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Expert shocked by lack of land-focused CSOs

Publishing Date : 22 June, 2015


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An expert on issues of land, Dr Fibian Lukalo who is the Director of Research and advocacy of the Kenya National Land Commission has expressed shock at the non-existence of land focused civil society groups in Botswana.

Dr Lukalo ascribes most countries’ progresive land policies and laws to civil society ‘s agressive and robust debates with the government.

In an enterview with WeekendPost on the sidelines of the Transparency International Meeting under the theme “Corruption in the land sector”,this week in Gaborone, Dr Lukalo said the civil society ‘s primary role is to keep the government on its toes and hold it accountable.

Botswana currently doesn’t have any Non-Governmental Organisations that advocate for land issues and right. The question of land has proved to be a mystery and an invisible monster in Botswana.The government is failing to meet the demand and the waiting lists are said to have gone over the population of the country. Many experts have said that the country is at crossroads.

The Kenyan expert has told the WeekendPost that while the government is the leader in developments,the civil society is the one that keeps the government on its toes to deliver on the promises.

 “They do not only keep the government under pressure but also offer alternative solutions to problems.They research on the issue and become under some instances the government’s partners in land development issues,” she said.

Dr Lukalo continued that several countries progress on issues of land were a result of the civil society’s enterventions and presence. “They watch every step taken by the government,every policy and laws and scrutinise it. The country has done so well on issues of HIV/AIDS because of different players and that can be the case with land as it can be with other matters,” she said.

The Director of Research and advocacy  of the Kenya National Land Commission went on to say she has learnt from Botswana government officials that the land policy is problematic.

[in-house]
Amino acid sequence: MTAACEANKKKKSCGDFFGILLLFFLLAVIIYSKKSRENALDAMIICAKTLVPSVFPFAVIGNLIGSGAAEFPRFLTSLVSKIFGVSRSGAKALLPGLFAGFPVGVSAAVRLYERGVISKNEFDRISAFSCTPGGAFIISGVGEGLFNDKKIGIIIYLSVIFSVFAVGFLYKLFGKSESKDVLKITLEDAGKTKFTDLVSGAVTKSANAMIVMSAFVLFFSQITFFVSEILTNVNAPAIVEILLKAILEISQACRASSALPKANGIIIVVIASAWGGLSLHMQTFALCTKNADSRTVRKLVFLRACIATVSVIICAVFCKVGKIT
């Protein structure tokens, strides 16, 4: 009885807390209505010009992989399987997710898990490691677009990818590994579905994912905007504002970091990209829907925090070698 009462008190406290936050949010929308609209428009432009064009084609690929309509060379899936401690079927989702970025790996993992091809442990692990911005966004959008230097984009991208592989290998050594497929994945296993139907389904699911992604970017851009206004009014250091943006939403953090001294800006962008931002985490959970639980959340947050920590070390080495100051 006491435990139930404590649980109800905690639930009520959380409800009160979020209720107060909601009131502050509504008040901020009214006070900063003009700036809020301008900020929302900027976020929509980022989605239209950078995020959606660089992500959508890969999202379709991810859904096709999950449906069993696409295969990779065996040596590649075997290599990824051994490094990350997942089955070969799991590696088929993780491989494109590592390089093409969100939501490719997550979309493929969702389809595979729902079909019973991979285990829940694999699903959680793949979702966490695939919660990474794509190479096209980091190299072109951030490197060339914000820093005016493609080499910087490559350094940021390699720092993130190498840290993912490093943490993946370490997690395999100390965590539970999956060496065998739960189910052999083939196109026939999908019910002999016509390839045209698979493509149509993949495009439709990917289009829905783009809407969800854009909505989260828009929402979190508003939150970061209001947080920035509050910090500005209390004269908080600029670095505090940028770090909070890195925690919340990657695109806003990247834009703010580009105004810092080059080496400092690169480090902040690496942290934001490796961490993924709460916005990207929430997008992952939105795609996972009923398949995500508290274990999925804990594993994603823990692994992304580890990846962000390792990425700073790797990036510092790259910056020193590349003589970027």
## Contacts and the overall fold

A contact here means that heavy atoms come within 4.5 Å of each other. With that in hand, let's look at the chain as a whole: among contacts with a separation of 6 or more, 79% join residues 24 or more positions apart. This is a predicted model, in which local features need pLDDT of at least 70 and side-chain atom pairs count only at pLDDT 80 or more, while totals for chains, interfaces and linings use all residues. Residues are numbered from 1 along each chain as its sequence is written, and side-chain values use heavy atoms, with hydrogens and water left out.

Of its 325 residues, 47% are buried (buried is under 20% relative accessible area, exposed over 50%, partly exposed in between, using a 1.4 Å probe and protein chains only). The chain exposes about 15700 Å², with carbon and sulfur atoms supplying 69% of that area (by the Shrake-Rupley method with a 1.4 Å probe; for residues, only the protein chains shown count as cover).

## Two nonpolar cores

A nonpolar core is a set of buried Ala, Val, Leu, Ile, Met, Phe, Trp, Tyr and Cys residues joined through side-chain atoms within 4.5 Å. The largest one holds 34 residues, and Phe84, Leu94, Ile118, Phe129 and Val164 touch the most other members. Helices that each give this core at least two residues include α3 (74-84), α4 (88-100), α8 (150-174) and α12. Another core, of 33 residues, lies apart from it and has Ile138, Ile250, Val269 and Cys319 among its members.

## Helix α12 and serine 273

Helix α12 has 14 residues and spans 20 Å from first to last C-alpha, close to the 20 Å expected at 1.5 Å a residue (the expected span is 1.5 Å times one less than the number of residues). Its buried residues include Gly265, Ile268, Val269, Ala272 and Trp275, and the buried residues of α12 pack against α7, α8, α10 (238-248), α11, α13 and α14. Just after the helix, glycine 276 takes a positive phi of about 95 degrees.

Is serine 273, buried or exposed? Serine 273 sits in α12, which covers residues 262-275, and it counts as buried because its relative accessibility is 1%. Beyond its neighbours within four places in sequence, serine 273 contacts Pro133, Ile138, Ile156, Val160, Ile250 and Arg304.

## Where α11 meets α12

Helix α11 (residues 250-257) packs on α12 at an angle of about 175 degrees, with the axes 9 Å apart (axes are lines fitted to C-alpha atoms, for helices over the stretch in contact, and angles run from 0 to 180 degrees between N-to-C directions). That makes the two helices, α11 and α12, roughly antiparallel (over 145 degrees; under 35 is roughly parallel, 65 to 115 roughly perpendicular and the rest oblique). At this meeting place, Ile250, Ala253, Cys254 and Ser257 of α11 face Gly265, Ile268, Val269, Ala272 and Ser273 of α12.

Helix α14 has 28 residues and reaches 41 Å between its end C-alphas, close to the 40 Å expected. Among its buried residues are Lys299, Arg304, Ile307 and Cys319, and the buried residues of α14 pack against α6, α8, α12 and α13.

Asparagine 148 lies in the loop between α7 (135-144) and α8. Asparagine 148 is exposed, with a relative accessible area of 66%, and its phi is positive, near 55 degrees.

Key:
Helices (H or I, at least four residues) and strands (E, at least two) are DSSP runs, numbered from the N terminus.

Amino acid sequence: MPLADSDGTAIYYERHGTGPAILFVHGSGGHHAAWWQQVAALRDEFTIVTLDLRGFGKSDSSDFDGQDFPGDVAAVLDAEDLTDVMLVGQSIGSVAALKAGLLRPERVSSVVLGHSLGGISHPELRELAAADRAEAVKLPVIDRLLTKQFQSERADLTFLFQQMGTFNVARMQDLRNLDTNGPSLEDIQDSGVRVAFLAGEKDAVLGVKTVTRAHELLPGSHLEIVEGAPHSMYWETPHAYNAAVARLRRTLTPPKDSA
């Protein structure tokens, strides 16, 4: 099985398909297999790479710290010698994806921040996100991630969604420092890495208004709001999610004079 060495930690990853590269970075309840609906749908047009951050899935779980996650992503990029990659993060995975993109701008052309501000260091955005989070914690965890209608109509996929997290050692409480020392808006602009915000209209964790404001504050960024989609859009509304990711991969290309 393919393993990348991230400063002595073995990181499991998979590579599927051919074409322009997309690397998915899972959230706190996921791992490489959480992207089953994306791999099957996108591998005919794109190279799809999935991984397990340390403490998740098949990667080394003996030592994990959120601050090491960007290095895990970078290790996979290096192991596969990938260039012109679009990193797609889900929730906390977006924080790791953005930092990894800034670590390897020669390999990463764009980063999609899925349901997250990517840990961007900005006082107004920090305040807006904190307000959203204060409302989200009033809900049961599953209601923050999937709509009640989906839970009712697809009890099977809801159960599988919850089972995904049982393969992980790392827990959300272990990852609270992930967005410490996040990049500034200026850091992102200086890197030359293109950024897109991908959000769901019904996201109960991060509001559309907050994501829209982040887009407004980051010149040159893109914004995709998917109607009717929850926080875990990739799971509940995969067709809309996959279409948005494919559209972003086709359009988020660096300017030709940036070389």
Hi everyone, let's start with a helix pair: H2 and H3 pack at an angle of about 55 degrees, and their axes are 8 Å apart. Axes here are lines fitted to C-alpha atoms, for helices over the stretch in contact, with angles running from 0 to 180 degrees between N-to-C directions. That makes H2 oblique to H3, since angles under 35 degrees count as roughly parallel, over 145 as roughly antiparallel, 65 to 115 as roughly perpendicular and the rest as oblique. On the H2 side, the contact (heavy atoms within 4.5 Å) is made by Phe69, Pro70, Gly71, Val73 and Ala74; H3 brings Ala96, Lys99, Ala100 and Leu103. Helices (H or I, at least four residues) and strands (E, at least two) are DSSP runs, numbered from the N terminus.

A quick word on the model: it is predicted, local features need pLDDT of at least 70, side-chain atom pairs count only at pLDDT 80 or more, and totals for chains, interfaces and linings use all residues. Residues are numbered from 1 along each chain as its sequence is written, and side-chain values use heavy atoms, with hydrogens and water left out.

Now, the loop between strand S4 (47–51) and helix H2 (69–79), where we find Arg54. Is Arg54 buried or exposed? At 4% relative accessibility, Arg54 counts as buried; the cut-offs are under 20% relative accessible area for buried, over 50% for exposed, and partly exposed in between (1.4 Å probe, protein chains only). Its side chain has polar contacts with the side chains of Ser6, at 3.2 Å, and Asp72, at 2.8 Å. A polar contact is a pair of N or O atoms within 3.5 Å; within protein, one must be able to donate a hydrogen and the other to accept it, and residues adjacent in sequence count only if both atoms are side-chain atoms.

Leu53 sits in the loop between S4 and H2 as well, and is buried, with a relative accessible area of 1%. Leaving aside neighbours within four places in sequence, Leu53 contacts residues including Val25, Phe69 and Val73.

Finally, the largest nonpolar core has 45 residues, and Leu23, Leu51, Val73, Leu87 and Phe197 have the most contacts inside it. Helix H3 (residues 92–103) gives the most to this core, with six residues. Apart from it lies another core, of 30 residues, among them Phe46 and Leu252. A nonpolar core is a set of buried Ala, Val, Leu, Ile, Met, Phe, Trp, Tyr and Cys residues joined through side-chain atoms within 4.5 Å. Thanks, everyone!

“I told them that our land policy was driven by the civil society and that they are actually the ones who pushed for the creation of the Kenya Land Commission,” she said,further saying the civil society’s voice is a consolidation of the masses voices.

Who is to blame?

The NGO fraternity is of the view that it is true that there is a gap that needs a player to fill on the issues of land.For some time, the only active player has been Suvival International which has a narrow focus on the indigenous groups land rights. This group has assitsted in court battles ,some of which were successful.

NGOs however say that it is upon the mother of NGOs, Botswana Council of Non Governmental Organisations (BOCONGO) and the newly formed NGO council to identify the gap and offer suggestions without diverting from their core mandates.

The NGO council was formed as result of the European Union (EU) ‘s request for the establishment of an NGOs Council which will act as the funnel for EU funds to NGOs.The council would inturn draft a code of conduct for NGOs to encourage transparency and accountability. The Council also apportion the funds and have the powers to ban or blacklist NGOs demeed unworthy.

WeekendPost can reveal that the Minister of Labour Home Affairs who the NGO council falls under recently expressed discontent over the fact that the country doesn’t have an anti-corruption NGO despite huge evidence of corruption in the country.

The NGO Council Coordinator Mr Michael Mokgaotsi told WeekendPost that they took heed of the Minister’s words and will ponder on them.

Asked over lack of NGOas on land issues, Mokgaotsi said that is true that the there are itchy areas that have been neglected by the society, “it is not only land,we also have the issue of corruption and many others which do not have any body behind them despite been contentious issues,” he said.

He added that the Council ‘s role together with BOCONGO should identify the gaps and suggest to the society to form NGOs geared towards addressing such problems.

“Our intention is to hold a stakeholders meeting where we can look into these issues and hopefully come up with solutions,” he said, further adding that they would also have to do a lot of public education.



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